Justin Timberlake + the Tennessee Kids
- 1h 30min
The final performance of Justin Timberlake and the Tennessee Kids' 20/20 Experience World Tour, filmed in 2015 at the MGM Grand Garden Arena in Las Vegas.The final performance of Justin Timberlake and the Tennessee Kids' 20/20 Experience World Tour, filmed in 2015 at the MGM Grand Garden Arena in Las Vegas.The final performance of Justin Timberlake and the Tennessee Kids' 20/20 Experience World Tour, filmed in 2015 at the MGM Grand Garden Arena in Las Vegas.
It's really in the opening and the closing one sees it most; the film opens as Timberlake enters the arena where the concert is being held, but instead of the usual vapid things like getting make-up on or showing total foolishness, he gets the Tennessee Kids to introduce themselves. It's a good idea and it gets one intrigued; these aren't necessarily people who are there to look pretty and nice, they're career musicians who have been together for a while and they're happy to be doing what they do (one singer says she always has a smile on, and we can believe it, it's not disingenuous).
Because we have these short but empathetic profiles in the first several minutes, when it comes time for the songs to be performed we want them to do well and be spectacular. And then over the closing credits we see how this concert was put together by the crew, which was no easy task and involved things like moving machinery and planning stages and moving lots and lots of seats and lights and other things people might take for granted (so make sure to watch until the very end of the movie on your Netflix viewing).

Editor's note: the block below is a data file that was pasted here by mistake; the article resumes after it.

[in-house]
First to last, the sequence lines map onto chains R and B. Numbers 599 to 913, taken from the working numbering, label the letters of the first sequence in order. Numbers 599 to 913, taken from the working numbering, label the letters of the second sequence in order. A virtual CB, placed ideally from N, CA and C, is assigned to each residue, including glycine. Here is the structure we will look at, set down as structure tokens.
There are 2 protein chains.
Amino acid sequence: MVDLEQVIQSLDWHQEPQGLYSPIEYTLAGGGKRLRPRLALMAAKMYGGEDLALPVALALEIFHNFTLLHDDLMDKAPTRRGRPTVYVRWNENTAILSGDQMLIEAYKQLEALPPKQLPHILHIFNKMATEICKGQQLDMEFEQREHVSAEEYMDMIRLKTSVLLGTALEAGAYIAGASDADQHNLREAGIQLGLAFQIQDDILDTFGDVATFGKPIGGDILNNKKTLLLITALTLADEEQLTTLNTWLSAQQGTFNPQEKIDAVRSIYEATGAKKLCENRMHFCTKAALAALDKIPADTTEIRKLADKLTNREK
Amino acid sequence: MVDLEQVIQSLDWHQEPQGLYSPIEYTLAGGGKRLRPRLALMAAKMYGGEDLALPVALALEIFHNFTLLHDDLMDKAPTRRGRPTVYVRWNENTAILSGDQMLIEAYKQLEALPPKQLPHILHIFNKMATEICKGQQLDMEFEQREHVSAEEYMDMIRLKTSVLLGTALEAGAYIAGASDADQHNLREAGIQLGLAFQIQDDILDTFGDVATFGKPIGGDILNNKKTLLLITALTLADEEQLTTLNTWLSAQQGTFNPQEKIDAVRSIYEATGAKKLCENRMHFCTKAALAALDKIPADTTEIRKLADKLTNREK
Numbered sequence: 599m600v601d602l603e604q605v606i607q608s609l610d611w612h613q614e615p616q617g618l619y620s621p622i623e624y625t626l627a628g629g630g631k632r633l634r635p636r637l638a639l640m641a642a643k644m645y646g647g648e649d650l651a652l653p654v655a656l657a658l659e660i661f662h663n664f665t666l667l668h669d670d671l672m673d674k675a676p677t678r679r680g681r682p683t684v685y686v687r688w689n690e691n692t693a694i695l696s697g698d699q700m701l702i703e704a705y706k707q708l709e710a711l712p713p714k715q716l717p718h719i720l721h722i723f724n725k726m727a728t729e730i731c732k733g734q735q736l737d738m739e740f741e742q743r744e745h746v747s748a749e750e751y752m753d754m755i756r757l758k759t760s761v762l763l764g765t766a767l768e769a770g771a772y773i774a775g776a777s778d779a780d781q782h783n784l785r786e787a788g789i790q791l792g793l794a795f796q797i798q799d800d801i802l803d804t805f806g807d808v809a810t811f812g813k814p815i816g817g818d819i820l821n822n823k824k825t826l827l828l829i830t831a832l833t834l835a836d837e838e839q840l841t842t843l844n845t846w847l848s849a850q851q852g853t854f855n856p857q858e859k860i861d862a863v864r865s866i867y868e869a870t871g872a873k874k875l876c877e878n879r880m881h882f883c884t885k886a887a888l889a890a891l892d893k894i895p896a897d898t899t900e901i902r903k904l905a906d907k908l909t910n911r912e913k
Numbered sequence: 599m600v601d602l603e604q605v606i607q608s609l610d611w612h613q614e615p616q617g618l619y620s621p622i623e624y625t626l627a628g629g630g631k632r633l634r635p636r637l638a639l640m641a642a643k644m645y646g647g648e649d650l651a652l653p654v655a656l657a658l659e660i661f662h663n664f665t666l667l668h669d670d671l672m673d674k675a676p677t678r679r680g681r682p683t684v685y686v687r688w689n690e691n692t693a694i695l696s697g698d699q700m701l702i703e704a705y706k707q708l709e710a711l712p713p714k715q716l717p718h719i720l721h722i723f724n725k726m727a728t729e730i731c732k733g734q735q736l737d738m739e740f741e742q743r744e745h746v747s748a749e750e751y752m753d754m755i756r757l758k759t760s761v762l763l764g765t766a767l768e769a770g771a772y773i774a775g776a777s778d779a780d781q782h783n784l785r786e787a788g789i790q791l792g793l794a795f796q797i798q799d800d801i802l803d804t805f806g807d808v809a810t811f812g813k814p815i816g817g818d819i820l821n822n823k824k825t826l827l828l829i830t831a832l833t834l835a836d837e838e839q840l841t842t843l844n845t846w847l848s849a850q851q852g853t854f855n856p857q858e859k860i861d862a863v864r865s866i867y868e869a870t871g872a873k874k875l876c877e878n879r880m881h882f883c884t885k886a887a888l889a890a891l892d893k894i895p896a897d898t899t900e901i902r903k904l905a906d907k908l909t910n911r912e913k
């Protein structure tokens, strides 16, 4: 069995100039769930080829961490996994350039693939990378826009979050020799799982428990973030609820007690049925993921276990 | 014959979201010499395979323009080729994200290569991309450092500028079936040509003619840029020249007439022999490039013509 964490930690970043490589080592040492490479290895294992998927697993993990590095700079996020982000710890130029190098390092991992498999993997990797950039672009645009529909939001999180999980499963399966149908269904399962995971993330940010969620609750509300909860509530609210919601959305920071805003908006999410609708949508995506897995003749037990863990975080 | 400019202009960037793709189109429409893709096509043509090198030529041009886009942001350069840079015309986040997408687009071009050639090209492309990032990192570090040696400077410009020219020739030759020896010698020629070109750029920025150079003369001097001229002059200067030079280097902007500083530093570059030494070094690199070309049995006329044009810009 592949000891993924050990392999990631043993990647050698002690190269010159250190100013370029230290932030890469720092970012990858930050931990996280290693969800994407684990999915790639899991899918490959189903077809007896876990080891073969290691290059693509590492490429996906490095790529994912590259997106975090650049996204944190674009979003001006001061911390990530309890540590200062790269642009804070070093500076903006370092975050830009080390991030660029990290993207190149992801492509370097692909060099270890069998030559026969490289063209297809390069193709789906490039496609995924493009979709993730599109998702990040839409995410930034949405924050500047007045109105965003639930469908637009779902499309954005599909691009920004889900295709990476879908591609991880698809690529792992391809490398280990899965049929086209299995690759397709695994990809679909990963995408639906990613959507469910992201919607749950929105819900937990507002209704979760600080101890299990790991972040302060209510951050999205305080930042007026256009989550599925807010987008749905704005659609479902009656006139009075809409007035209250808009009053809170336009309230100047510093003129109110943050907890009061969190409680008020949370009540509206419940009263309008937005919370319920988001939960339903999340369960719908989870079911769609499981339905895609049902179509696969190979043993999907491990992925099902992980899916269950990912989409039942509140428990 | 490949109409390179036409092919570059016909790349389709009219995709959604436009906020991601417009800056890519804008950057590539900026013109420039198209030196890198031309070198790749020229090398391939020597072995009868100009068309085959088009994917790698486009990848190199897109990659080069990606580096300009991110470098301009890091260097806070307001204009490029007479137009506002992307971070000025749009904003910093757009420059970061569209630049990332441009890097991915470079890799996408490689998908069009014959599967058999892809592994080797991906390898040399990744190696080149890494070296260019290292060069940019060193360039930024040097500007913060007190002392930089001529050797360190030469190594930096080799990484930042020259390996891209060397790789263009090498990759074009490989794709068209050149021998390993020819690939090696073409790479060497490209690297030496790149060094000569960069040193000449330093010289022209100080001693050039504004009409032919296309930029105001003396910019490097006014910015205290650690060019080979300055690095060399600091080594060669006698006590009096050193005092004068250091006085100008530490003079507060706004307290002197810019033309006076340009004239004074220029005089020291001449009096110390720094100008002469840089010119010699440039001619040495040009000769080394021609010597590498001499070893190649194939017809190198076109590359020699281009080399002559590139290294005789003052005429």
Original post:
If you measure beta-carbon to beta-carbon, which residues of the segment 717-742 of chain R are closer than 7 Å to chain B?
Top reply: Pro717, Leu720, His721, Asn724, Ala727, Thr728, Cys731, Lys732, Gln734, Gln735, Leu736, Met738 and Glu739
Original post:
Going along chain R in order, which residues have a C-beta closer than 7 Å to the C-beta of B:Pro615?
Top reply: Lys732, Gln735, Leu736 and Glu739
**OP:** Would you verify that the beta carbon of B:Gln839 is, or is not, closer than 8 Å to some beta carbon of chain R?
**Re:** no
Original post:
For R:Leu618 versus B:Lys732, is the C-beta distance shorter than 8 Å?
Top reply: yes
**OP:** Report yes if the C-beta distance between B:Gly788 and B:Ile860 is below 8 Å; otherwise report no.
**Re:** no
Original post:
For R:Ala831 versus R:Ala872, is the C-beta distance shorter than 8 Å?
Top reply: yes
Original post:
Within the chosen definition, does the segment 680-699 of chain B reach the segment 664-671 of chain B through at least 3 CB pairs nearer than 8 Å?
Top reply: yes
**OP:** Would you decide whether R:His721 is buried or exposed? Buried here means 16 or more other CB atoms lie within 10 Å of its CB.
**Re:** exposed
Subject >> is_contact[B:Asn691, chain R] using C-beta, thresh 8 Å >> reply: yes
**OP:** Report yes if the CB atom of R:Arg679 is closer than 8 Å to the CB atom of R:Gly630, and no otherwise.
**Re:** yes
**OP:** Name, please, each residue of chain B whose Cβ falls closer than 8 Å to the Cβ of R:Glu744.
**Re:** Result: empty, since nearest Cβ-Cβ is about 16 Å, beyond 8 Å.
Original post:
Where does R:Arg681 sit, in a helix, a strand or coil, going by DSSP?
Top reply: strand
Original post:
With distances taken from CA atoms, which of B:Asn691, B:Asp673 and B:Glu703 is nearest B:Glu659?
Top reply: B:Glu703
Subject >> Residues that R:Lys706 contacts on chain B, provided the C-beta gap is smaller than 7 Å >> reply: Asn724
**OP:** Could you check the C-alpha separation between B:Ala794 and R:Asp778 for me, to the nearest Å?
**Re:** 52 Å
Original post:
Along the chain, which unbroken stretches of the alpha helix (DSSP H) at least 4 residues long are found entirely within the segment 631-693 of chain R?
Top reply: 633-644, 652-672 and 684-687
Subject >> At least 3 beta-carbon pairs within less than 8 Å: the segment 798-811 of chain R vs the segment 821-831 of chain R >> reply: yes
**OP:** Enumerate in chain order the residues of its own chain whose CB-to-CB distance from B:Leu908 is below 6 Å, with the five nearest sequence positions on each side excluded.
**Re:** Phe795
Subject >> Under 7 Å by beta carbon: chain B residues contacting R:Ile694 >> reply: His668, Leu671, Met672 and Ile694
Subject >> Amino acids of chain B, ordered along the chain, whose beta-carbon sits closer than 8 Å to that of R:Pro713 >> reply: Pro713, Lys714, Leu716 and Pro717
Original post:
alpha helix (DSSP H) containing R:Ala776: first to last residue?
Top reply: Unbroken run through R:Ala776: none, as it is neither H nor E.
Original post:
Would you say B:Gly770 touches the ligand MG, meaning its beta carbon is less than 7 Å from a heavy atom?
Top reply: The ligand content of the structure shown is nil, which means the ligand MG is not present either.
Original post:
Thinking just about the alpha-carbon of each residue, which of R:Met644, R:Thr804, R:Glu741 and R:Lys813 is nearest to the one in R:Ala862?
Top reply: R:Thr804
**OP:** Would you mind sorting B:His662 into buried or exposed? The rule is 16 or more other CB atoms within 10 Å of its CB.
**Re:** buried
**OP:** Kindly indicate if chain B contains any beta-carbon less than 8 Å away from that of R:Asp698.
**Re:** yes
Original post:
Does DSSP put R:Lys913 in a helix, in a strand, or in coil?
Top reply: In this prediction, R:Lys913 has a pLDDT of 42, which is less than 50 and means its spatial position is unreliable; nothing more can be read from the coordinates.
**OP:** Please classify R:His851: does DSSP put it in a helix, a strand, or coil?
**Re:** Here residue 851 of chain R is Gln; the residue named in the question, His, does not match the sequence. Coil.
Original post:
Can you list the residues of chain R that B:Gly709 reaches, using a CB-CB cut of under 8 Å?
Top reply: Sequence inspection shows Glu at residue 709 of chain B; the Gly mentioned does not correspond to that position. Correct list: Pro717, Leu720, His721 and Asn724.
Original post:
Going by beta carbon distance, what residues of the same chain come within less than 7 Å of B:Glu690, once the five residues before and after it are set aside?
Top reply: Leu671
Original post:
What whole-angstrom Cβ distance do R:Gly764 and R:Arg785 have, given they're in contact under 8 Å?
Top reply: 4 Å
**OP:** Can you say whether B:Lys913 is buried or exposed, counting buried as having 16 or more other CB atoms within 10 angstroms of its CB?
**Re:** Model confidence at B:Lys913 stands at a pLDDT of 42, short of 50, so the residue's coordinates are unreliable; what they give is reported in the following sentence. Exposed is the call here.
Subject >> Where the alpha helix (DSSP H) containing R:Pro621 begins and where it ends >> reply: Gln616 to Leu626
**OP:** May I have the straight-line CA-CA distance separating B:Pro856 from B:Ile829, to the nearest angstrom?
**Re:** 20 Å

Along with the main attraction, they put on a helluva show, and Demme makes sure as a director to get an appropriate tone depending on what song is up - so when it's just Timberlake with his guitar, he stays on him, where-as if there's a number involving EVERYONE (including the audience, and unlike Stop Making Sense he does involve them since, frankly, Timberlake is the kind of performer that asks the audience to come in on songs with him, not obnoxiously so but enough to keep things energized), he has a crane shot showing everyone in the arena, and then goes in close and captures the camaraderie of the musicians.
It helps that, and I don't know if this was Demme's doing or if it was just how the show was in general, that the lighting and effects on stage bring out the spectacle of the show. If I don't rate it all the way up high it is because, also frankly, I don't love all of the songs (though Timberlake and especially his players made me like a few more than I had expected, some were totally new to me as well), and it's difficult to ever hear "Let Me Rock Your Body" without thinking, still, of the 2004 Super Bowl.
But Demme's cinema, as it was in all of his concert movies, syncs up beautifully with what this particular act is trying to do, which is to be a bouncy, sometimes sexy and especially classy pop show ("Suit and Tie" is one of those that is infectiously cool too). But the point I'm making is that if you're already a fan of Timberlake's, then this is simply a sweet combination of a lot of his hits and some covers ("Human Nature" and "That girl is Poison" are two well done ones), and if you are on the fence or even have barely a casual interest, this filmmaker gets you the f*** into it. That's something.
This filmmaker will sorely be missed.
- Apr 26, 2017